Rapid technology change in the information management space is creating a fundamental tension for organizations.
In a series of recent videos for Hyland (links at the end of this post), Cheryl McKinnon, principal analyst at Forrester Research spent some time talking about Enterprise Sync and Share capabilities and how they fit into an organization’s broader content strategy. She notes, “Enterprise file sync and share (EFSS) has really quickly become a core capability that a lot of busy information workers rely upon. I don’t see this as something enterprise IT buyers can ignore.”
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Organizations often wring their hands worrying about the “Dropbox” effect – employees using unsanctioned and consumer grade file sync and share solutions to improve their own personal productivity. Within this often frustrating user behavior, though, is a key truth: Many ECM solutions are too simply too complicated and cumbersome to meet the needs of the modern knowledge worker.
We recently surveyed organizations about their use of file sync and share solutions, and have posted on some of our findings. See our previous posts:
Are your employees using file sharing tools that you don’t want them to use? If so, you are not alone. In fact, 65 percent of organizations surveyed reported that they are aware that their employees are using unsanctioned file sharing tools, according to a new AIIM research report. And the fact that the other 35 percent said they are “not aware” of employees using unsanctioned tools is not necessarily reassuring, as this is not an indication that it’s not happening. The issues revealed in this research report are all very real. In order of impact, these are the top concerns organizations have when comes to sharing content: Issue 1: Lack of visibility into what’s being shared and where it is located The top concern – identified by 60 percent of respondents – is a lack of visibility into what users are sharing and accessing. Unsurprisingly – and likely related to this lack of insight – legal and audit implications were the second largest area of concern, as organizations cannot prove the location of or report on information that they can’t see. Issue 2: Inability to control who is sharing and accessing your information A second major challenge identified in the report is the inability to control who is sharing information outside the organization (i.e. employees signing up for online file sharing tools using personal email accounts, etc.). Indeed 49 percent of respondents identified this as a critical issue. I don’t think it’s any coincidence that the EXACT same number of people, 49 percent, cited that they are also concerned about employees retaining access to sensitive or proprietary information after they leave the organization. That’s a scary prospect, especially when your industry is governed by strict compliance regulations regarding the handling of certain data. Data that potentially disgruntled ex-employees should NOT retain access to include things like patient information, credit card details, customer data, company-owned intellectual property, merger information, financial data and anything else of a proprietary nature. Issue 3: Risk of granting unintentional access The third major issue circles around the idea of what happens after a user has shared a link to a document or folder. About 40 percent of respondents expressed concern around the concept of shared links never expiring, increasing risk of compromising data, as well as shared links being accessible to anyone who gains access to these links. Overcome these issues with education Clearly, there are several good reasons why you can’t ignore issues related to cloud-based document sharing. According to the AIIM study, the top recommendation for addressing this problem can be boiled down to one simple but powerful word: EDUCATION. By educating your employees on the risks of sharing using unsanctioned tools, you’re taking a giant step toward a safe, secure file sharing strategy. Get the AIIM Paper today.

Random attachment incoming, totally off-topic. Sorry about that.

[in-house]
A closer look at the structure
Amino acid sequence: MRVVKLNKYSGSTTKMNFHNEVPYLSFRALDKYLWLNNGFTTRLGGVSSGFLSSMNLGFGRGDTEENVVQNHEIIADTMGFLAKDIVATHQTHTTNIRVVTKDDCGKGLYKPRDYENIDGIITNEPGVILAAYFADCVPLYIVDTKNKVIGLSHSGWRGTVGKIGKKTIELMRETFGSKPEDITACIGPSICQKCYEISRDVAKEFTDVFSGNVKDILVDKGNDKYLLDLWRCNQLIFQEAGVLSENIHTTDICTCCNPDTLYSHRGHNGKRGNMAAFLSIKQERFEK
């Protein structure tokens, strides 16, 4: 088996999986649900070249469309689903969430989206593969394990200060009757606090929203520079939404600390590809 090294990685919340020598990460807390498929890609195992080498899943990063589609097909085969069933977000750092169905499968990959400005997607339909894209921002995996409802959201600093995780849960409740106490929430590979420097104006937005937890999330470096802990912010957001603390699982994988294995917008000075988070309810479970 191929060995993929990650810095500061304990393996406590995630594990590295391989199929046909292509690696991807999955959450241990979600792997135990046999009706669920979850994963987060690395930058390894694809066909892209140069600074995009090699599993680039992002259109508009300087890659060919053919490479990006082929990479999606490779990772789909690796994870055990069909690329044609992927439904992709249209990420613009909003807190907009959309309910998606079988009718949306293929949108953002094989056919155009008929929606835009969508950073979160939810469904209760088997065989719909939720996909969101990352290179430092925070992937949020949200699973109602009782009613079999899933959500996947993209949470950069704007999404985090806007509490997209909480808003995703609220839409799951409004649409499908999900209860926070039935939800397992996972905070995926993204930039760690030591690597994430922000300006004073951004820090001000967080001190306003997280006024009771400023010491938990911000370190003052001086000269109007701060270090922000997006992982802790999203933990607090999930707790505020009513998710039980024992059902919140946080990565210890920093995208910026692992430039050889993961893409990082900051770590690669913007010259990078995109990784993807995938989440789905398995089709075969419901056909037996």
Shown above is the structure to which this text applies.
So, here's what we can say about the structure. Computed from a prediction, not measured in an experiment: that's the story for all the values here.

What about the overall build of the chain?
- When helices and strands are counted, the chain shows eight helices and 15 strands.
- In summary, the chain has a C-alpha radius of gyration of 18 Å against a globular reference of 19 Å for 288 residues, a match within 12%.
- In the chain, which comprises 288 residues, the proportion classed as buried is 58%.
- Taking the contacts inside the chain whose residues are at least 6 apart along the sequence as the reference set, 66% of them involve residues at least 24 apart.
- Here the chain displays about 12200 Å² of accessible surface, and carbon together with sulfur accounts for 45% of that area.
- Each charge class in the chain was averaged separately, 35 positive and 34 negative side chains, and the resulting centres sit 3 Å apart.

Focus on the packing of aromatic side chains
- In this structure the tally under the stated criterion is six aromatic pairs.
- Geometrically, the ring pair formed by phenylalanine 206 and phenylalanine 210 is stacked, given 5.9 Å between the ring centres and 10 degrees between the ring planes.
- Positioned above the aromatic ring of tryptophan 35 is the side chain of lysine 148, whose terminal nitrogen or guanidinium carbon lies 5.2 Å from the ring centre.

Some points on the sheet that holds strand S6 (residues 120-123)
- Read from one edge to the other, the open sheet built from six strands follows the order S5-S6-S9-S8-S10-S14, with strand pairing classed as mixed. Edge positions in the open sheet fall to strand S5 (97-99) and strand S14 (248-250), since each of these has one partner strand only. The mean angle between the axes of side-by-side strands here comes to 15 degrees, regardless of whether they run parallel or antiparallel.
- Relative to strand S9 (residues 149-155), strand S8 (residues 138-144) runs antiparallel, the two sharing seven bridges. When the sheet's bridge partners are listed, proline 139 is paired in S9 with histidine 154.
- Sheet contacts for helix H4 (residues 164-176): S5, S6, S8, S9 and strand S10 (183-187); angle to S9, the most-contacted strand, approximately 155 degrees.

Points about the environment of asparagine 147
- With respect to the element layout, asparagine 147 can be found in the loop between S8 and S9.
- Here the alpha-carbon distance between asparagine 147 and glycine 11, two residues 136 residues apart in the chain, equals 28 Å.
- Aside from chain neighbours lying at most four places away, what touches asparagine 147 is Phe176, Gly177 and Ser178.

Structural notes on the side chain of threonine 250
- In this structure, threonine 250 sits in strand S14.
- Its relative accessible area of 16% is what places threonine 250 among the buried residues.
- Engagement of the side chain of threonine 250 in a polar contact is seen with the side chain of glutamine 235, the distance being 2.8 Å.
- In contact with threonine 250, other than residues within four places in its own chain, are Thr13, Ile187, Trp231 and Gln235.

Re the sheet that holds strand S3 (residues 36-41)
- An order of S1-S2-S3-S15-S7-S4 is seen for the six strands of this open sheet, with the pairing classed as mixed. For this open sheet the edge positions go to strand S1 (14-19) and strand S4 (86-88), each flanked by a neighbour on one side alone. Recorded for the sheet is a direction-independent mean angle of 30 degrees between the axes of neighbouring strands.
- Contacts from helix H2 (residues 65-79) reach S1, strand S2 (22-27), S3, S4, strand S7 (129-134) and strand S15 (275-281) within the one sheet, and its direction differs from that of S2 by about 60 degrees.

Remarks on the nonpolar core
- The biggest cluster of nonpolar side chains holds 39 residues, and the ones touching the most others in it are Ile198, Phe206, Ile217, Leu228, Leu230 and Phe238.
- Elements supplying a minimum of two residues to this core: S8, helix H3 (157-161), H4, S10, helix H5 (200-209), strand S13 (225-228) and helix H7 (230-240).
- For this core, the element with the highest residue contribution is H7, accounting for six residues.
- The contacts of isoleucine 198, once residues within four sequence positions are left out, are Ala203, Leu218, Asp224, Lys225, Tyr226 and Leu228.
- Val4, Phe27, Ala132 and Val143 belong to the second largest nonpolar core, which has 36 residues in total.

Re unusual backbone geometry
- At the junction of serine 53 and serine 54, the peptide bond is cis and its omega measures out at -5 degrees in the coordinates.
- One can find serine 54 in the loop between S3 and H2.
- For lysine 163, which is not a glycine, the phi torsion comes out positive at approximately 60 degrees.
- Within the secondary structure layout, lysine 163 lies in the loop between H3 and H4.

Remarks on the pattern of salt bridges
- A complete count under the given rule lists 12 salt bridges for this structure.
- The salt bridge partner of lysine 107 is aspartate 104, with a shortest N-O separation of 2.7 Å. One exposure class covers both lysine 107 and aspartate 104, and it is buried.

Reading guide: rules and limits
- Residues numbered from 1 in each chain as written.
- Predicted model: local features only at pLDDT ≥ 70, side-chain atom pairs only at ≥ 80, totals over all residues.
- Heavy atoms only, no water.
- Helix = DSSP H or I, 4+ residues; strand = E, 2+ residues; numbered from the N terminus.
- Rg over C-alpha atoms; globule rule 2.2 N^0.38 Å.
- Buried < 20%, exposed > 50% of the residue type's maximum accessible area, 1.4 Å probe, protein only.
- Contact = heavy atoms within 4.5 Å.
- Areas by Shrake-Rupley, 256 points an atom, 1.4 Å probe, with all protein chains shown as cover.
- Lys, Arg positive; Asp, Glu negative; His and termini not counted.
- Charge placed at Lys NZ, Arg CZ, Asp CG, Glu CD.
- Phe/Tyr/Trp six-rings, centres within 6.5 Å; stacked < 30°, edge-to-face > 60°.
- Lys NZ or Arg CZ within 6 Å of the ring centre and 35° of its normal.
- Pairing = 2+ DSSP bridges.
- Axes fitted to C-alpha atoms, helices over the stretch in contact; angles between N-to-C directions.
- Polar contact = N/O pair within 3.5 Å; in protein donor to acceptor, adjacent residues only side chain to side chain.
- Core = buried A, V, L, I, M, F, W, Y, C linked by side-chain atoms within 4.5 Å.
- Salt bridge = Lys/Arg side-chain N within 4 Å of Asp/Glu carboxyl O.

There is a growing demand by and for employees to share and collaborate on documents with people inside and outside of their organizations. As a result, today’s businesses must carefully assess their file sharing needs, and pivot towards adoption of more synchronous methods of interacting with key processes and content.